Will do, but the track plans will effectively be copying the prototype of the early 90's. I will have to make one major concession to practicality: The branch to the Athy cement factory will pass over the Barrow bridge and run directly into the factory sidings, rather than via the headshunt (stub of Wolfhill branch) that is/was there in reality. There are/were two parallel sidings in the factory with a headshunt to release a loco so it's not that much of a cheat. I just don't have the room to do it exactly like the real layout, so instead of propelling the bubbles into the factory they will be hauled in, the loco will be released in the headshunt, run around and haul the bubbles back out to return to KIldare to again run around and head back to Castlemungret.

The rest of the track plans should be as near as identical to the prototype locations as possible. The goal is to automate all the trains to run to a real timetable, with a bit of manual intervention required at Kildare, Athy cement and occasionally Portarlington (sometimes Curragh racecourse specials ran on to Portarlington to reverse if Kildare was blocked and there were some regular freight workings like the coal and oil that ran Limerick-Ballina via Portarlington while the WRC was closed for prolonged periods).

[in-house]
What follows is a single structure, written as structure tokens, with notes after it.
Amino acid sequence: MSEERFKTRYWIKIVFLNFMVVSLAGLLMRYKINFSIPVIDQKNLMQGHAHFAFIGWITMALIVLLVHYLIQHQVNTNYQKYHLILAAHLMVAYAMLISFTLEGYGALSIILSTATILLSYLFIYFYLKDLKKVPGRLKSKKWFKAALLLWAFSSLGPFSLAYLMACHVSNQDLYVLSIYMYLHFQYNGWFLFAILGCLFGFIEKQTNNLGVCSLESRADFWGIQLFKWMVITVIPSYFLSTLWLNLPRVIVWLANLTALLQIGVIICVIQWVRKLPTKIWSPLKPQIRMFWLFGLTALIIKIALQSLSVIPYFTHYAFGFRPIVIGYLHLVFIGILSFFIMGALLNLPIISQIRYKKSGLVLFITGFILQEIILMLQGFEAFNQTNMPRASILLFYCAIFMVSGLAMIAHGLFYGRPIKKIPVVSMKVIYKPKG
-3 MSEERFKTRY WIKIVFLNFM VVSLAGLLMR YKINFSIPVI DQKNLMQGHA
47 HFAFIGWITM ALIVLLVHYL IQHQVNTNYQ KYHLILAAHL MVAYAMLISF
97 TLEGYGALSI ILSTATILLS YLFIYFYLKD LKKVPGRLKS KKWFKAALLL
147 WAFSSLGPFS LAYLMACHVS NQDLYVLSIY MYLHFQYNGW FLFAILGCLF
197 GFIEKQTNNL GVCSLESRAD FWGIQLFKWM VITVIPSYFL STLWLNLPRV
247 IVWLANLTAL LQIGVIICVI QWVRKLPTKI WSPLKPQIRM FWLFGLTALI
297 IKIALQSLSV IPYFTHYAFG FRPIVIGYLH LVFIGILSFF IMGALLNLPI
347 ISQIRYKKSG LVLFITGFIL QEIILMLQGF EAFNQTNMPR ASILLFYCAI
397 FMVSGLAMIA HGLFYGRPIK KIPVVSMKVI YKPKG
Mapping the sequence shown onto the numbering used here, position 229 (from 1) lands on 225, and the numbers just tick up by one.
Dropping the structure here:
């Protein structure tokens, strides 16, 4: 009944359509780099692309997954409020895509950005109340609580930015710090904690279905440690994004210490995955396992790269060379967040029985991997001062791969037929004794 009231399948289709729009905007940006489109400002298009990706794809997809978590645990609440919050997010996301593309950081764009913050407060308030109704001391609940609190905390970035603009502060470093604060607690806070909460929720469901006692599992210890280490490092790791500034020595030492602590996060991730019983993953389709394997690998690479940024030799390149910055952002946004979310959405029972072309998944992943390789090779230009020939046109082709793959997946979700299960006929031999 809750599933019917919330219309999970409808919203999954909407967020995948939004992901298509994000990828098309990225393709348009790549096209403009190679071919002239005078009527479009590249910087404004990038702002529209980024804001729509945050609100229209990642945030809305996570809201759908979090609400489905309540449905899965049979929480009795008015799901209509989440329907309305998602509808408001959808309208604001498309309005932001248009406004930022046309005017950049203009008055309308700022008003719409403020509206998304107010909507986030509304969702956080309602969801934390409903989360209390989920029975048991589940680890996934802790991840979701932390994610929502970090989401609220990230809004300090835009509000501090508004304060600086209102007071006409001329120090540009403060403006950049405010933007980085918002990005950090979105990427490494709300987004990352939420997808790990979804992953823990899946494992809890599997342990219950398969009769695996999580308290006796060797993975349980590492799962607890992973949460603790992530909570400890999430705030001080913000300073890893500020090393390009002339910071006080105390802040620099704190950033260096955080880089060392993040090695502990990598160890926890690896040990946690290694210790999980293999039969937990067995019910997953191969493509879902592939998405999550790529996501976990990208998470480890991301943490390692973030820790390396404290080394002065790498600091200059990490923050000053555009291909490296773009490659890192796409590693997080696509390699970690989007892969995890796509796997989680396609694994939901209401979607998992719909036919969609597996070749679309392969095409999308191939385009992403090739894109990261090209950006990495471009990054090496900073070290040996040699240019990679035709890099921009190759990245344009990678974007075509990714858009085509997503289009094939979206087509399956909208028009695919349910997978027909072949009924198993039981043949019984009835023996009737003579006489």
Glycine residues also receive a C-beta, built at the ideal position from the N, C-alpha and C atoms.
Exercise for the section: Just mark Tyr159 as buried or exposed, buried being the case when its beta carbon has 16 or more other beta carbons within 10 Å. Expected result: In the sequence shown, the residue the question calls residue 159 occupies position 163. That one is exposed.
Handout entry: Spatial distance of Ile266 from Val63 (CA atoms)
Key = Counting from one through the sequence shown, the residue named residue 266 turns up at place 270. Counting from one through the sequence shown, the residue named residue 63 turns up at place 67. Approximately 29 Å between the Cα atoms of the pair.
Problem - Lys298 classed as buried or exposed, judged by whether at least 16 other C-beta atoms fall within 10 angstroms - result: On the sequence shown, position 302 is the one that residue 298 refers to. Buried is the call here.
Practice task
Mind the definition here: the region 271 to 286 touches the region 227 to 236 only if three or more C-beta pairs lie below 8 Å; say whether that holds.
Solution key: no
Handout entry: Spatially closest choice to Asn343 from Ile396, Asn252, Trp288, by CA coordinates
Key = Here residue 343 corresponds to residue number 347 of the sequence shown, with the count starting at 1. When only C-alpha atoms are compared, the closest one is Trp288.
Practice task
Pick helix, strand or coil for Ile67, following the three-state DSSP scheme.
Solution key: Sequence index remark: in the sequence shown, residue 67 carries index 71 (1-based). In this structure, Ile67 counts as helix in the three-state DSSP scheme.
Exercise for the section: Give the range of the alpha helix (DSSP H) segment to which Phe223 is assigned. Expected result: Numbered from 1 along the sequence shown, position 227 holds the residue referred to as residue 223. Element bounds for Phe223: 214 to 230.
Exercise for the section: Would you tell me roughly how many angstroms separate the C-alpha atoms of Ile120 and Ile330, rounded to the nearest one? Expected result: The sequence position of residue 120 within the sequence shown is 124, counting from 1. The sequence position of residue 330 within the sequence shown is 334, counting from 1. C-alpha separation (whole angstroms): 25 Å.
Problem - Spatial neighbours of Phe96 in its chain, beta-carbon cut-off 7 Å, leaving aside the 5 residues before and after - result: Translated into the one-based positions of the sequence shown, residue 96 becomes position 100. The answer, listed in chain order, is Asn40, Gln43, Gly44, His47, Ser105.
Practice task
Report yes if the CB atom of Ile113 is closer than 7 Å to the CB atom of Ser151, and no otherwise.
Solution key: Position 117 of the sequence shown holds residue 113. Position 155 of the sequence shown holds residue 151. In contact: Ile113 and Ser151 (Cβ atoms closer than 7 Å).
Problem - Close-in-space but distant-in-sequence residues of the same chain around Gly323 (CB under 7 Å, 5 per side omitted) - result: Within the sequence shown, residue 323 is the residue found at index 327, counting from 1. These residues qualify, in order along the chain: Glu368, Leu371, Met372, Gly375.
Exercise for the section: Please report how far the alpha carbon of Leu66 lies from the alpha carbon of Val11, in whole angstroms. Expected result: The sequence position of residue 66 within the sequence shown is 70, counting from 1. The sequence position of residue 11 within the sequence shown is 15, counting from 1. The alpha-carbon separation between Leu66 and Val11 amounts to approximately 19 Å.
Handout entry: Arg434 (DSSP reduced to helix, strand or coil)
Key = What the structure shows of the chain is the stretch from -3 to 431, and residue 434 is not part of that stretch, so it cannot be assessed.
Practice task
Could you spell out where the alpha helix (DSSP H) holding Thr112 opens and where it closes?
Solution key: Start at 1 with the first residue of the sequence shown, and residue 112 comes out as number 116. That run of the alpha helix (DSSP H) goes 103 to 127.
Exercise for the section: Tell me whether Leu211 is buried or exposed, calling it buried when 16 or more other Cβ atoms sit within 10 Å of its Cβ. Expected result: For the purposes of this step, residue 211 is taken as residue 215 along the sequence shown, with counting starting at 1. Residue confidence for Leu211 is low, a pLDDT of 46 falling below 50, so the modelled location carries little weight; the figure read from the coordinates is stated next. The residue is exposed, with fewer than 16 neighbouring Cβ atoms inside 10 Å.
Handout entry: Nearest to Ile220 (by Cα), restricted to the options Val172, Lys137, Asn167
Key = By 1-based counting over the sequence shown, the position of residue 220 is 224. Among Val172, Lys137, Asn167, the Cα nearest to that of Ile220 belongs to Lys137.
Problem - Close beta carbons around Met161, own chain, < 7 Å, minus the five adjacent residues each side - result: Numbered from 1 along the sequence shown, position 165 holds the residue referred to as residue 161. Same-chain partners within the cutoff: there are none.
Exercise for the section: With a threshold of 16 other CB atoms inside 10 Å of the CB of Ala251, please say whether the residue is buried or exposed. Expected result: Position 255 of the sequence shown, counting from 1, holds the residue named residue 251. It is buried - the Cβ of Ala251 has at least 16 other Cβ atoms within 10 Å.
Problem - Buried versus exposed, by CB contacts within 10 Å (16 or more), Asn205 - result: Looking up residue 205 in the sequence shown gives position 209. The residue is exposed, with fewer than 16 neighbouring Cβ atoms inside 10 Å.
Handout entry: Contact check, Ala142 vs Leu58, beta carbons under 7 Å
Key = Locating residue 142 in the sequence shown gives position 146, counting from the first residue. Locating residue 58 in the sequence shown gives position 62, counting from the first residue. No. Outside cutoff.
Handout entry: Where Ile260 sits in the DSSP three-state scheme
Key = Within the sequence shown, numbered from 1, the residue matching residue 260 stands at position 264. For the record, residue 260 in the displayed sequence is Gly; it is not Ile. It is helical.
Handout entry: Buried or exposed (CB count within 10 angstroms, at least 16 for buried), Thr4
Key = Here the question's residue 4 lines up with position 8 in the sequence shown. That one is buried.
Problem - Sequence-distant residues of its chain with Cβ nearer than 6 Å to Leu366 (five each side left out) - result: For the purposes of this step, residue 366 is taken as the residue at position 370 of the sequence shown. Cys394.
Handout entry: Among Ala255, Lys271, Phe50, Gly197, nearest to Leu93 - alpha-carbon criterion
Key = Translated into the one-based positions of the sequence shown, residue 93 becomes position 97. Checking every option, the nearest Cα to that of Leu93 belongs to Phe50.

The shelves will be arrange "logically", that is the more northerly reaches of the prototype will be higher up. Curragh-KIldare will be the top shelf as the trains come down from "Dublin" staging, then head off onto the spiral for a while, before re-emerging onto the Monasterevan-Portarlington shelf, then head to the spiral again and down to "Provincial" staging, bypassing the Cherryville-Athy shelf (lowest visible level). Trains to Waterford will obviously use the spiral to bypass the Monasterevan-Portarlington shelf.